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Reviewed: 20 August 2012, 12:30 NZDT
Still current at: 22 May 2013
There is some risk to your security in Zimbabwe due to underlying political tension and high levels of crime and we advise a high degree of caution. New Zealanders should be vigilant and maintain a high level of personal security awareness when travelling to Zimbabwe.
Civil unrest/political tension
The political situation in Zimbabwe remains unsettled, despite the formation of an inclusive government in February 2009. Reports of politically motivated intimidation and violence continue. New Zealanders are advised to avoid all demonstrations, rallies and large public gatherings as police and security forces will use force to suppress demonstrations and any perceived opposition to the Government.
Since 2000, most of Zimbabwe’s commercial farms have been forcefully taken over by members of the National War Veterans’ Association and other militants. We recommend you avoid travel to any area where war veterans are active or incidents of violence are taking place. You should heed any local advice about areas to avoid and keep yourself up to date with local developments. It is possible that New Zealanders may get caught up in violence directed at others.
Roadblocks are common throughout Zimbabwe. We advise you to comply with instructions issued by police at roadblocks and produce identification if asked. You should carry a photocopy of your passport at all times. It is an offence to continue driving when the President’s motorcade goes past, regardless of the side of the road you are on.
Levels of crime, including violent crime remain a concern. Armed robberies and car-jackings occur and there are reports that foreign residents have been targeted due to their perceived wealth. New Zealanders in Zimbabwe are advised to be security conscious at all times and maintain a low profile. We recommend you ensure your place of accommodation is secure at all times. Particular care should be taken when leaving banks or using Automatic Teller Machines (ATMs). We advise against the use of public transport and recommend you avoid travelling alone and after dark and to isolated areas.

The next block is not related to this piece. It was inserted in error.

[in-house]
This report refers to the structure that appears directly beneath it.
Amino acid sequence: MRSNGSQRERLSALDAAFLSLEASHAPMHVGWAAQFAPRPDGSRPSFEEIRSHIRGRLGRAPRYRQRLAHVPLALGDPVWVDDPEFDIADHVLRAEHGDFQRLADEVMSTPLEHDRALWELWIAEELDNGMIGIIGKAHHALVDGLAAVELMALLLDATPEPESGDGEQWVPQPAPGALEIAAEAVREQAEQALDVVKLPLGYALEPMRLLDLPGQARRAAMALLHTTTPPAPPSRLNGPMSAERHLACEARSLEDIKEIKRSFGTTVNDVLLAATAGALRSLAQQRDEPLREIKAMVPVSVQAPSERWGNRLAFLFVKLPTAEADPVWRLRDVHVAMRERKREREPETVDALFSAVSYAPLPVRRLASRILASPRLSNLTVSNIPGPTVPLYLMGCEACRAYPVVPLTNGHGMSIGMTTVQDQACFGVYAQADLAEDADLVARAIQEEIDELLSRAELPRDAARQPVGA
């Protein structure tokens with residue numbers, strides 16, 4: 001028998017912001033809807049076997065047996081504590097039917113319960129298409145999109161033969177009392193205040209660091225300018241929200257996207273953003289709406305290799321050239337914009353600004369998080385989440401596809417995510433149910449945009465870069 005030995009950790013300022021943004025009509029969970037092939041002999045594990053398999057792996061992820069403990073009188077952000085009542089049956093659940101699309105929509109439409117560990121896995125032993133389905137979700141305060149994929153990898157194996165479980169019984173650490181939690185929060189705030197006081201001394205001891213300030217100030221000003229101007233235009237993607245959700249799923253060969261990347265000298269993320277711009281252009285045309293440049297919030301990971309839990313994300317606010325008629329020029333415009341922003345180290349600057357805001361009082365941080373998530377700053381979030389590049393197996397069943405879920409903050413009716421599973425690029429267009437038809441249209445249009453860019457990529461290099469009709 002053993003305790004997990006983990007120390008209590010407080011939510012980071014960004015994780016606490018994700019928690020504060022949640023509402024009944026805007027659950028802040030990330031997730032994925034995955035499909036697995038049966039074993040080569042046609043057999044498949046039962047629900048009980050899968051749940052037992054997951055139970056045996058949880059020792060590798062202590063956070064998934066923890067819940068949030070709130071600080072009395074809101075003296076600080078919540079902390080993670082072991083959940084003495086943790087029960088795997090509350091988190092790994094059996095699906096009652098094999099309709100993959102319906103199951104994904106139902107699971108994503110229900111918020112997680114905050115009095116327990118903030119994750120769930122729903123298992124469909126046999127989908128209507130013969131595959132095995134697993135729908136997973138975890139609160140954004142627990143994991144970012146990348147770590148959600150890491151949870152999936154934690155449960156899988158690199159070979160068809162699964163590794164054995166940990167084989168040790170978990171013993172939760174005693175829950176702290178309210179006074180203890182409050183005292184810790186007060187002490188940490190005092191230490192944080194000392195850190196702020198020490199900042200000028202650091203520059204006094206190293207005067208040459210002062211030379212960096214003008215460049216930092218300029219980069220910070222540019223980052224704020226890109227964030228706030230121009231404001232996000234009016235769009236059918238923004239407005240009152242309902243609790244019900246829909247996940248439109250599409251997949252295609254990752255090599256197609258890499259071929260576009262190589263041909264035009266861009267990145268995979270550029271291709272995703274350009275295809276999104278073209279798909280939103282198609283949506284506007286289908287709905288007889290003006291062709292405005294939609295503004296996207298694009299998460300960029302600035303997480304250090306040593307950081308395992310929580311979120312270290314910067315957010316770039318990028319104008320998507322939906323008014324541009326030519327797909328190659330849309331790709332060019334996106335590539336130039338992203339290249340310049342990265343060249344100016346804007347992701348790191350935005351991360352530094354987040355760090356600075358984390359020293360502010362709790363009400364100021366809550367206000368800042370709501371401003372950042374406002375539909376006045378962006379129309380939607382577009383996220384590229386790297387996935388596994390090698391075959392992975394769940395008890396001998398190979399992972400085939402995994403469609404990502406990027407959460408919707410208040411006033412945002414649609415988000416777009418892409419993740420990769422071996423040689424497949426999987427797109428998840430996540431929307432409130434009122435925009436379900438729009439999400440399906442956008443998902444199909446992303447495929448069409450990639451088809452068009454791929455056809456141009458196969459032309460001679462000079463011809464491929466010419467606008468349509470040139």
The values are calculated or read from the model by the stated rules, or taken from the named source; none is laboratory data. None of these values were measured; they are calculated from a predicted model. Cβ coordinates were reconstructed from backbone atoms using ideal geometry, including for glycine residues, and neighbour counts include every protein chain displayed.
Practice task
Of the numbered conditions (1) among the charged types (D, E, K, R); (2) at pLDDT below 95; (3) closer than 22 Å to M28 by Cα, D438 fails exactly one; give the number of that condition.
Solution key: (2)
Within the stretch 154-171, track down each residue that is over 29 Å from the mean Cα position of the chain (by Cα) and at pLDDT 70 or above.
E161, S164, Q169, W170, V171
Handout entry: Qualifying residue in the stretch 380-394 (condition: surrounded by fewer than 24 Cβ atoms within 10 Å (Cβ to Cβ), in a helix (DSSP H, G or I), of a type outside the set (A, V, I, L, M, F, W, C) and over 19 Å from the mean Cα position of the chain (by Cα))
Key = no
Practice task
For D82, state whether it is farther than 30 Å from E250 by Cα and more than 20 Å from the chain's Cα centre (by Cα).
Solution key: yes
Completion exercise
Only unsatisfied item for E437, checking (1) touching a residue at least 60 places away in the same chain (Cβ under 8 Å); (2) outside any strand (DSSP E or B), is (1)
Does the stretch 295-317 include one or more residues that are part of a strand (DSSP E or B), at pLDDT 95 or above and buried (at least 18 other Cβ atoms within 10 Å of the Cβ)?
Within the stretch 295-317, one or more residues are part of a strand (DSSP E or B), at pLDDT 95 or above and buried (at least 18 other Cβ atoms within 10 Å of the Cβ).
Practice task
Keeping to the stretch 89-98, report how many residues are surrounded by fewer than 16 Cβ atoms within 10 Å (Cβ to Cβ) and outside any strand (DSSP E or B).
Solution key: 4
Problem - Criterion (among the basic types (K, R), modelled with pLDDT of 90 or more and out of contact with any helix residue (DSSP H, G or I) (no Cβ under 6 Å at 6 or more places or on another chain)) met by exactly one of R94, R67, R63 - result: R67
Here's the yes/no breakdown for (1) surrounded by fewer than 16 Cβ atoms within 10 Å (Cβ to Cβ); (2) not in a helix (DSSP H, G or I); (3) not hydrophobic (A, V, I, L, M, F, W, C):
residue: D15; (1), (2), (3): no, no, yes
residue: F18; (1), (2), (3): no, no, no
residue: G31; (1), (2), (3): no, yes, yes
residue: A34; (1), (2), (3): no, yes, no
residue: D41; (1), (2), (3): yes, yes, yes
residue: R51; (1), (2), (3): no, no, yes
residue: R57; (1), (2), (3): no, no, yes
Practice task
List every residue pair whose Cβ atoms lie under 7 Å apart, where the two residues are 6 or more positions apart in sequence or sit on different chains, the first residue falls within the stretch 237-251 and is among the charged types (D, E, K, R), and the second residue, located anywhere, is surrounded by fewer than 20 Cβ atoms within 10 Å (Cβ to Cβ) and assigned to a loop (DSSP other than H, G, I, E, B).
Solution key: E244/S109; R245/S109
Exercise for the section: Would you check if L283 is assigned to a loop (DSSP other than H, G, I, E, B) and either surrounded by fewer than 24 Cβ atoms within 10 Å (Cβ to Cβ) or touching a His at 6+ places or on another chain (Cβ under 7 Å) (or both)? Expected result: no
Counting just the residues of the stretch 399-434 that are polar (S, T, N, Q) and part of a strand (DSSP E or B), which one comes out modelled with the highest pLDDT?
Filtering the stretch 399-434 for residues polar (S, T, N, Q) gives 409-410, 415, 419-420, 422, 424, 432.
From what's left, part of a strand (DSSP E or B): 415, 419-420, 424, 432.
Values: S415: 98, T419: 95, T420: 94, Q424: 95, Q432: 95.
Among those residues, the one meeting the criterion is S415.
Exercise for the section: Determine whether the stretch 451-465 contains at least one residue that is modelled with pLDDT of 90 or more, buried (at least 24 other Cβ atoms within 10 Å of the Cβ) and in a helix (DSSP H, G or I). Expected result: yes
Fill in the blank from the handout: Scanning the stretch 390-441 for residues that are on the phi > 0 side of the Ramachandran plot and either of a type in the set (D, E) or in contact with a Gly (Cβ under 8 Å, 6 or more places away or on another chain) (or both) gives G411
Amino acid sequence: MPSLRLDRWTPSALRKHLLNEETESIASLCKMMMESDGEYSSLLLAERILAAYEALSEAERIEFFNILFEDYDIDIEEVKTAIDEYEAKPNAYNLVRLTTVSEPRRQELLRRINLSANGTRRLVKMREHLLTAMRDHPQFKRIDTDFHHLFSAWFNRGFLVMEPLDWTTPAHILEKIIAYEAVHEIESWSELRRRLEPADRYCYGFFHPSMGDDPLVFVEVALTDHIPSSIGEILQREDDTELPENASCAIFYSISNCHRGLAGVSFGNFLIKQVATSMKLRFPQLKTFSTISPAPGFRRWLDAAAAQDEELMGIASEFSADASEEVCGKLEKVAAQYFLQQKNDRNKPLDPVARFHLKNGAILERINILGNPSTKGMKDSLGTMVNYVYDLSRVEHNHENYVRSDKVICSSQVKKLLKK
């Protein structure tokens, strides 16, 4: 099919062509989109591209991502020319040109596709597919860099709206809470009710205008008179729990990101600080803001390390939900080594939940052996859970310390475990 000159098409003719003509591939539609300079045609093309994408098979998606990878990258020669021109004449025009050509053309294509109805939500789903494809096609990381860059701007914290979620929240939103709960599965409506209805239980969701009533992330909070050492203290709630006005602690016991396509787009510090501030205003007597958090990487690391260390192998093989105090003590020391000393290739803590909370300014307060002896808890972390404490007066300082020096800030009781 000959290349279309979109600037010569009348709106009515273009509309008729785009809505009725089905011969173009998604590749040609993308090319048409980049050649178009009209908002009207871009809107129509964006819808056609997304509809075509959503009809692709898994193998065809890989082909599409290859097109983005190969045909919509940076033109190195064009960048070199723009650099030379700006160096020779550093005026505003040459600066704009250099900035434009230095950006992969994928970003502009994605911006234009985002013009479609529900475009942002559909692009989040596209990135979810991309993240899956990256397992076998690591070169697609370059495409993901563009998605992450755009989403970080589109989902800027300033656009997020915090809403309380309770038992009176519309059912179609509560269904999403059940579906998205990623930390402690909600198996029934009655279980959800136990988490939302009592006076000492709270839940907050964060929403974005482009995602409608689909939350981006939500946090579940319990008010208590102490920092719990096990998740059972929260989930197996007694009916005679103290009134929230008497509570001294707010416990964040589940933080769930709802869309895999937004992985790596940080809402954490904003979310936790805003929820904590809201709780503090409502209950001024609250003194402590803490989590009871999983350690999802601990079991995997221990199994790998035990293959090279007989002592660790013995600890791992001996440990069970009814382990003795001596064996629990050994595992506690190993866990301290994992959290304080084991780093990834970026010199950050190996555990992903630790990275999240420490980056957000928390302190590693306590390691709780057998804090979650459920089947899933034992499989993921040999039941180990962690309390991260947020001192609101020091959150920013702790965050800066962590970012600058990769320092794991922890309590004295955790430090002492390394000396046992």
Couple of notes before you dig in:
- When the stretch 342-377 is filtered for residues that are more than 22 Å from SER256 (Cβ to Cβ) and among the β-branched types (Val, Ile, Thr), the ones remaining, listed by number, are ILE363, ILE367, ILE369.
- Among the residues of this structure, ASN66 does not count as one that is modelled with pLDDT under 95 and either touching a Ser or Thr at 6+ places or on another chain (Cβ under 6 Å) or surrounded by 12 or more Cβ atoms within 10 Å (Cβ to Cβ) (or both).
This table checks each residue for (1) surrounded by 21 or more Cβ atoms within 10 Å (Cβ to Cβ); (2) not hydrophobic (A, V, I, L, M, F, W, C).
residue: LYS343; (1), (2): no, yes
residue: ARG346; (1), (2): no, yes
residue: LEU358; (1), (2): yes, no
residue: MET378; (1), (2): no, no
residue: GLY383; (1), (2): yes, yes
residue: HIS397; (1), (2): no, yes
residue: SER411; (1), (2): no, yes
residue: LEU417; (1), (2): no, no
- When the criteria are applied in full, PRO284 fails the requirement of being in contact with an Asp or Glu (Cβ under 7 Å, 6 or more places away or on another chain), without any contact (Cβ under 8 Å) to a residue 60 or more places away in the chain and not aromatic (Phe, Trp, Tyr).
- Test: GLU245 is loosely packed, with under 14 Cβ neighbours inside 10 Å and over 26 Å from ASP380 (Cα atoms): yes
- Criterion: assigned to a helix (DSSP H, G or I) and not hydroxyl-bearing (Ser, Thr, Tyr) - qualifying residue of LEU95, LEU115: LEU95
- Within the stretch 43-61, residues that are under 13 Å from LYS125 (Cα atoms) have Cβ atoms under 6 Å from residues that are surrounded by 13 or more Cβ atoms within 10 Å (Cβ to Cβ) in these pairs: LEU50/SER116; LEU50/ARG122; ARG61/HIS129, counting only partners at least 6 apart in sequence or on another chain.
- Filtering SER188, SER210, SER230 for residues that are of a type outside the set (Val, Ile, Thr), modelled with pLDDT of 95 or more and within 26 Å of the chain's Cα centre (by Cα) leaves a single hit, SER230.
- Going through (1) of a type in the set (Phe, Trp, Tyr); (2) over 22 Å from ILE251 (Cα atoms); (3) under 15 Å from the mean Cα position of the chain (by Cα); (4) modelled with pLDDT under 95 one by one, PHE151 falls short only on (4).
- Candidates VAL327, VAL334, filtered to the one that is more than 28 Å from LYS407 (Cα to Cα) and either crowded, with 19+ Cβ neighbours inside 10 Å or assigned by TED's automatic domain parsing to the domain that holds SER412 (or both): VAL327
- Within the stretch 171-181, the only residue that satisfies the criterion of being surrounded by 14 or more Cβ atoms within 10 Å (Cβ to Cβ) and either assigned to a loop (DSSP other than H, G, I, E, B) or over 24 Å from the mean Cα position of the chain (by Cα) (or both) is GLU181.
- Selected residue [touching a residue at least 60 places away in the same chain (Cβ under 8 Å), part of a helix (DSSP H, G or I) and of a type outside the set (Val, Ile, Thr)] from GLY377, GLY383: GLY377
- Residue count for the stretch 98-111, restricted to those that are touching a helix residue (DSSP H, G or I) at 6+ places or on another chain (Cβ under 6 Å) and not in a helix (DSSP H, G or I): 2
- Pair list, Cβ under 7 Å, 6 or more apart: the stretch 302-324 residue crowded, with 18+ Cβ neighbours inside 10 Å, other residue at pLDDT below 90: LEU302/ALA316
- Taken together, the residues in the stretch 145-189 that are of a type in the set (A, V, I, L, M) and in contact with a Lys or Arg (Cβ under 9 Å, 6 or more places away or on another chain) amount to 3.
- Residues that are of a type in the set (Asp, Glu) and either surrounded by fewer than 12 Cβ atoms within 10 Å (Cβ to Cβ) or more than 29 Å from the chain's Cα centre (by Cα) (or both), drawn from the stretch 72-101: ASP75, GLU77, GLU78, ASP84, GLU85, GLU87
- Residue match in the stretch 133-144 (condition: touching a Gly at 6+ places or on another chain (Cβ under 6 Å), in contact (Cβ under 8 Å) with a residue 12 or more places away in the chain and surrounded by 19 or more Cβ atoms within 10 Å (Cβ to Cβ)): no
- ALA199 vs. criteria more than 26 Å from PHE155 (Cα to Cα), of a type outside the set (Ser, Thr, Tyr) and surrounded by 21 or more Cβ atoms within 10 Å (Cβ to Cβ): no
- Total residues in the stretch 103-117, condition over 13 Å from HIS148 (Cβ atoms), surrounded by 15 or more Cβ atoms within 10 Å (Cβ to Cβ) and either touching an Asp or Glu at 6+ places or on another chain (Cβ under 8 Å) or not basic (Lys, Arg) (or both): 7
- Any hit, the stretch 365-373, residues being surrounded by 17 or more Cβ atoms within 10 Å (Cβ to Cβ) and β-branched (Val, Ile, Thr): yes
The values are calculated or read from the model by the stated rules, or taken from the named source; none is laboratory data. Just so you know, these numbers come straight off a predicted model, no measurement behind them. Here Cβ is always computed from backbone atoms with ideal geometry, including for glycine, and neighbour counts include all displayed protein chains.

The economic situation has improved with the adoption of the US dollar as accepted currency, although still remains fragile and prices can be inflated on some consumer items. Provision of basic services such as electricity, water and transport can be unreliable. Fuel shortages occur from time to time. Zimbabwean landlines are unreliable and mobile phone lines while more reliable, are also prone to failure or interference. There are shortages of essential medicines in hospitals and pharmacies and also trained medical staff.
Outbreaks of cholera and typhoid can occur. There was an outbreak of typhoid in Harare in December 2011.
General travel advice
New Zealanders in Zimbabwe should ensure their travel documents are kept up to date and readily available in case the security situation deteriorates and it becomes necessary to leave the country at short notice. New Zealanders should have their own contingency plan in place for departure. If the security situation deteriorates quickly, departure options may be severely limited.
As there is no resident New Zealand diplomatic or consular representation in Zimbabwe, the ability of the government to assist New Zealand citizens is very limited.
New Zealanders travelling or living in Zimbabwe should have comprehensive medical and travel insurance policies in place that include provision for medical evacuation by air.
New Zealanders in Zimbabwe are encouraged to register their details with the Ministry of Foreign Affairs and Trade.
Contact details are
Street Address 125 Middel Street, Nieuw Muckleneuk, 0181 Pretoria, South Africa
Postal Address Private Bag X27, Brooklyn Square, Pretoria 0075, South Africa
Telephone +27 12 435 9000 Facsimile +27 12 435 9002
Website New Zealand High Commission Pretoria [external link]
Office Hours Mon - Fri 0800 - 1630hrs